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GM Sings the Body Electric as Consumer Tastes Evolve

High oil prices and the push for cleaner energy are luring car buyers toward smaller, more efficient vehicles. Trouble is, these cars can have lower profit margins than larger sport utility vehicles and light trucks. General Motors is just going with it.

That’s one conclusion from Charging Ahead: When Customers Drive Sustainability, GM’s 2012 sustainability report, released last week. It expands on themes included in, for example, the company’s most recent 10-K filing.
Enlarge image General Motors Company 2012 Sustainability Report Cover

Source: General Motors Company

Sustainability reports tend to go down better with a side of 10-K or other dish prepared for nutritional investor value. By convention, sustainability reports project current trends and corporate goals onto a glossy future. And, by convention, 10-K filings require disclosure of “risk factors” that might flatten tires on the road there. “In general, content in both key company reports should be complementary to each other, not necessarily exactly the same,” said David Tulauskas, director of sustainability, in an email.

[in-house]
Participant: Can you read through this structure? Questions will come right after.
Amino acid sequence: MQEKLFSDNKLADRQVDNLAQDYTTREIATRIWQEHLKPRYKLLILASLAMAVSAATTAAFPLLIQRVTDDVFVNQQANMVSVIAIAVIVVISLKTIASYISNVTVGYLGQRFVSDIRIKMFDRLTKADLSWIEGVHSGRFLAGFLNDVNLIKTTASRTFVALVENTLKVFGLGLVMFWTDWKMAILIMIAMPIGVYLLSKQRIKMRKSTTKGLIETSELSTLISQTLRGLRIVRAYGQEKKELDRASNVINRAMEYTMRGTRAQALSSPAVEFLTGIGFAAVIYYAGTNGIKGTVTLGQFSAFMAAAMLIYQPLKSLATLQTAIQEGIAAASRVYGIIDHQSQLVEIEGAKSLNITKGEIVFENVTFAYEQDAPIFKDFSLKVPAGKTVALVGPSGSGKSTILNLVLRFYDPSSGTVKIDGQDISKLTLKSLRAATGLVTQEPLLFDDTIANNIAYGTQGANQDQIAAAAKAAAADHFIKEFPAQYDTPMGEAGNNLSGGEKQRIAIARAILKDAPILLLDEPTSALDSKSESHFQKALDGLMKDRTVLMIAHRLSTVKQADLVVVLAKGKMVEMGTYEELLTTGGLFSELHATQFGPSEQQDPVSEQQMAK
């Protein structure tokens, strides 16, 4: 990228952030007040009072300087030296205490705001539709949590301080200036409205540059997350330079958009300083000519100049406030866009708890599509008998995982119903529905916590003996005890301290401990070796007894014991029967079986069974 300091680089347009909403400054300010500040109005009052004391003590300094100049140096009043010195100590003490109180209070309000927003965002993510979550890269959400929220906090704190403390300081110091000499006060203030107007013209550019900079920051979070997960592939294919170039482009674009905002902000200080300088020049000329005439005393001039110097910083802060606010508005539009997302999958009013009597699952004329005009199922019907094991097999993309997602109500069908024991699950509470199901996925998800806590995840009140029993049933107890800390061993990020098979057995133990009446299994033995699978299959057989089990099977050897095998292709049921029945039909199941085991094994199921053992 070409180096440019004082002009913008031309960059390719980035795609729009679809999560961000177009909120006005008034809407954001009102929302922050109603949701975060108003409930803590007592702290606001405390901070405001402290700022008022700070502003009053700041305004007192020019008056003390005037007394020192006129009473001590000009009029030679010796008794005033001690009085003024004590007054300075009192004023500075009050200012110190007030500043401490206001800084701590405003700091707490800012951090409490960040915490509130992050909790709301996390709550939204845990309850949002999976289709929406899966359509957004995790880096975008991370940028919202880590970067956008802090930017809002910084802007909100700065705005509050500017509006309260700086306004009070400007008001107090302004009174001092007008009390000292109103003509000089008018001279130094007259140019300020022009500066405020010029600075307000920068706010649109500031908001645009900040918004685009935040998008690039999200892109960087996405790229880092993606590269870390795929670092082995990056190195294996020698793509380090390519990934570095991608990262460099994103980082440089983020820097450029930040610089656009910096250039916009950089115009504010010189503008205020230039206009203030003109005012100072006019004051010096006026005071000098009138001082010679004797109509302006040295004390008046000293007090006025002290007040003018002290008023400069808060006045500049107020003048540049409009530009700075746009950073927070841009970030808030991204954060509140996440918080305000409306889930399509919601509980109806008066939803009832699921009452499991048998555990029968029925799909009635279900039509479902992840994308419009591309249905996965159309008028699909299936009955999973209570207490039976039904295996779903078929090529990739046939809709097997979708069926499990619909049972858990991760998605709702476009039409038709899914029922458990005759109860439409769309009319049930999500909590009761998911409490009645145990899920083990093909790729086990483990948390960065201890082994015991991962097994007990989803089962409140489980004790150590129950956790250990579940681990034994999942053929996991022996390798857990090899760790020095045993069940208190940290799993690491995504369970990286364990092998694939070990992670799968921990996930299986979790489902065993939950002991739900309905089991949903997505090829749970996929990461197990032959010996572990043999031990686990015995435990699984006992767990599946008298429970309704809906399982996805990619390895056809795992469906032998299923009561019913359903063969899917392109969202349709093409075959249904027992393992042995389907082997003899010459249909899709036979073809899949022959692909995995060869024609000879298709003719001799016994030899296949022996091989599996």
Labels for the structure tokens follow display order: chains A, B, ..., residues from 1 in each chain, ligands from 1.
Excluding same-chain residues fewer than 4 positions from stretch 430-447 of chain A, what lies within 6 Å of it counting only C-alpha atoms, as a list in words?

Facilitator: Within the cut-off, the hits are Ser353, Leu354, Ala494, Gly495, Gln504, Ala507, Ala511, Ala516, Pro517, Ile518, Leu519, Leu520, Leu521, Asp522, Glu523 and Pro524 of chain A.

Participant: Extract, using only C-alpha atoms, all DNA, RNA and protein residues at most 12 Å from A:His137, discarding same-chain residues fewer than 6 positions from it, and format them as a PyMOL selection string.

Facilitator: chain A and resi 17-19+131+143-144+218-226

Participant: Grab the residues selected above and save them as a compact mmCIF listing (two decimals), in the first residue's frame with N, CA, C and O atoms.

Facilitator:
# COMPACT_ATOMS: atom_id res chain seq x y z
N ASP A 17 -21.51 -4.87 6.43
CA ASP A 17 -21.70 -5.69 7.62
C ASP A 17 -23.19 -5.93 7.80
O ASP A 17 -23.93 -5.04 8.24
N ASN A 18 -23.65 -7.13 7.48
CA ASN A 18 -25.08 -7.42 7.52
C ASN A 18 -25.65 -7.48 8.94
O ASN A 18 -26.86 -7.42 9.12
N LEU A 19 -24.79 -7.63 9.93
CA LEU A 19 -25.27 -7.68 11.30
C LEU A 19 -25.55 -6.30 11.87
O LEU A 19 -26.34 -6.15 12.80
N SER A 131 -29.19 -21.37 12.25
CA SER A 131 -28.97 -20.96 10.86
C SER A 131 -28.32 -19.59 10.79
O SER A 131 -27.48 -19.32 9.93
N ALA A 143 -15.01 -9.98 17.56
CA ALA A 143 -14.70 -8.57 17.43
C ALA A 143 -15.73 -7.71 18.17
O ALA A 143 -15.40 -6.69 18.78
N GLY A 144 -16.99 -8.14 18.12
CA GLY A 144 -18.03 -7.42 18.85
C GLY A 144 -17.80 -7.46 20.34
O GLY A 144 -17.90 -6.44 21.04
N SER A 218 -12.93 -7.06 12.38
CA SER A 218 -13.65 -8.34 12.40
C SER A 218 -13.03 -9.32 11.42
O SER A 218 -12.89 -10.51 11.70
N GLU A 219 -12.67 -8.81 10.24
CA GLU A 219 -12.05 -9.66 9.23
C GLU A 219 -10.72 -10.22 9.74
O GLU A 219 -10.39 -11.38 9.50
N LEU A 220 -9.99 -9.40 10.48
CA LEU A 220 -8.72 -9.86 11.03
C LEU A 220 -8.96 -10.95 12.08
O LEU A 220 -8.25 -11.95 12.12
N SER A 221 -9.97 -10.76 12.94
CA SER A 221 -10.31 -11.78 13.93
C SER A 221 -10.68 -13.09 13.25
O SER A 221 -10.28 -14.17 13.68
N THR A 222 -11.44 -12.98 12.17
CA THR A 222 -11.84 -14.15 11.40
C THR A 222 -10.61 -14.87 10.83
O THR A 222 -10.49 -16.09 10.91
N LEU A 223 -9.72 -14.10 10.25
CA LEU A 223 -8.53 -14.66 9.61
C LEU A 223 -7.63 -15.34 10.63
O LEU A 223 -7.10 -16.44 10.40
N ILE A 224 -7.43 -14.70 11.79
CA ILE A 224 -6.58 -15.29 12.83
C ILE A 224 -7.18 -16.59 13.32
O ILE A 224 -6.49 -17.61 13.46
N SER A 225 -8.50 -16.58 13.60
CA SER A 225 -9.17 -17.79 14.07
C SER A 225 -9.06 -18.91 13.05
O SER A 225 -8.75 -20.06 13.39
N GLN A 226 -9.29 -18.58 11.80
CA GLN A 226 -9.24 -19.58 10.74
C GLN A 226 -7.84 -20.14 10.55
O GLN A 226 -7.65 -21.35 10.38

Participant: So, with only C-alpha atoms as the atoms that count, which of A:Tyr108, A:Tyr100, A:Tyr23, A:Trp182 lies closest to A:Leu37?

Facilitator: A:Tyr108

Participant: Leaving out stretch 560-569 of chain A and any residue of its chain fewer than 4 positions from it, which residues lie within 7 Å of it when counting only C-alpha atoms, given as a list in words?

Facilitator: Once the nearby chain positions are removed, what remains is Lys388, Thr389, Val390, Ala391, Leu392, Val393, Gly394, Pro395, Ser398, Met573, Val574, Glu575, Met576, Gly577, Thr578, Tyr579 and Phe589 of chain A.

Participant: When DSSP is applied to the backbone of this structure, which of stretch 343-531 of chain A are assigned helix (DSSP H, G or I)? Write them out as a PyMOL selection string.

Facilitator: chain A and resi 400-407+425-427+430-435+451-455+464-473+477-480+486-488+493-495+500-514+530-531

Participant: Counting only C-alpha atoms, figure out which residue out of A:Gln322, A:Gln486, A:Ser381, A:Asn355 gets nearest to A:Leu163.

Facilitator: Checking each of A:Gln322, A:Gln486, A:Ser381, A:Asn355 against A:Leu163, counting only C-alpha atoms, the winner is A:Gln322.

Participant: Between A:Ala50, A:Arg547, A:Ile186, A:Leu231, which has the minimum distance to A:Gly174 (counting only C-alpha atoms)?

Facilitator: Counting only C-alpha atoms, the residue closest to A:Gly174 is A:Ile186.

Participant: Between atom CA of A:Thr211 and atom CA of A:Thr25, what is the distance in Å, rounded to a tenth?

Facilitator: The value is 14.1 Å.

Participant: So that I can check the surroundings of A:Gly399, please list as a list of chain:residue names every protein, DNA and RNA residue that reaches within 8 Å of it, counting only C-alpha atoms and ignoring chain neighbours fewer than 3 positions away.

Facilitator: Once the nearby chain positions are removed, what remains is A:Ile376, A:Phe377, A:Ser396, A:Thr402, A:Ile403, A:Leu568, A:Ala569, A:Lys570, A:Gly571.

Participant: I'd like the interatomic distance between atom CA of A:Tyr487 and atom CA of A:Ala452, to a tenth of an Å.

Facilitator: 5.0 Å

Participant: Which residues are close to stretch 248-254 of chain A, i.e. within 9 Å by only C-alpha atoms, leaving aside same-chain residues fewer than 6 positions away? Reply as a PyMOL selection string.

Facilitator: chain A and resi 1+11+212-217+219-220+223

The cover image for GM’s sustainability report features smiling people of different ages and races and both sexes fanning out from behind an electric car charger, like fingers around the palm of a hand. A picture of GM’s aspirations, the report details the strategic push toward smaller, electrified, fuel-efficient vehicles — a part of what it calls “customer-driven sustainability.” Putting these fingers to the wind, so to speak, the company has set out to have 500,000 vehicles on the road “with some form of electrification” by 2017, the report states.

Motivations for such a goal are spelled out in the 10-K. Its section on risk factors states: “Volatile oil prices in recent years have tended to cause a shift in consumer demand towards smaller, more fuel-efficient vehicles, which provide lower profit margins. Any increases in the price of oil in the U.S. or in our other markets or any sustained shortage of oil … could weaken the demand for our higher margin fullsize pickup trucks and sport utility vehicles.”

That trend is helping to drive change within the company. About 70 percent of GM’s brands (“nameplates” in car lingo) are being refurbished in 2012-13, as oil prices, consumer trends and regulation all make clean tech more attractive. “We need to change as customer preferences change,” Tulauskas said.

GM has recently identified another motivator: Tesla Motors entrepreneur Elon Musk’s upstart electric car company, according to Steve Girsky, GM vice chairman, who was interviewed at Bloomberg headquarters last week
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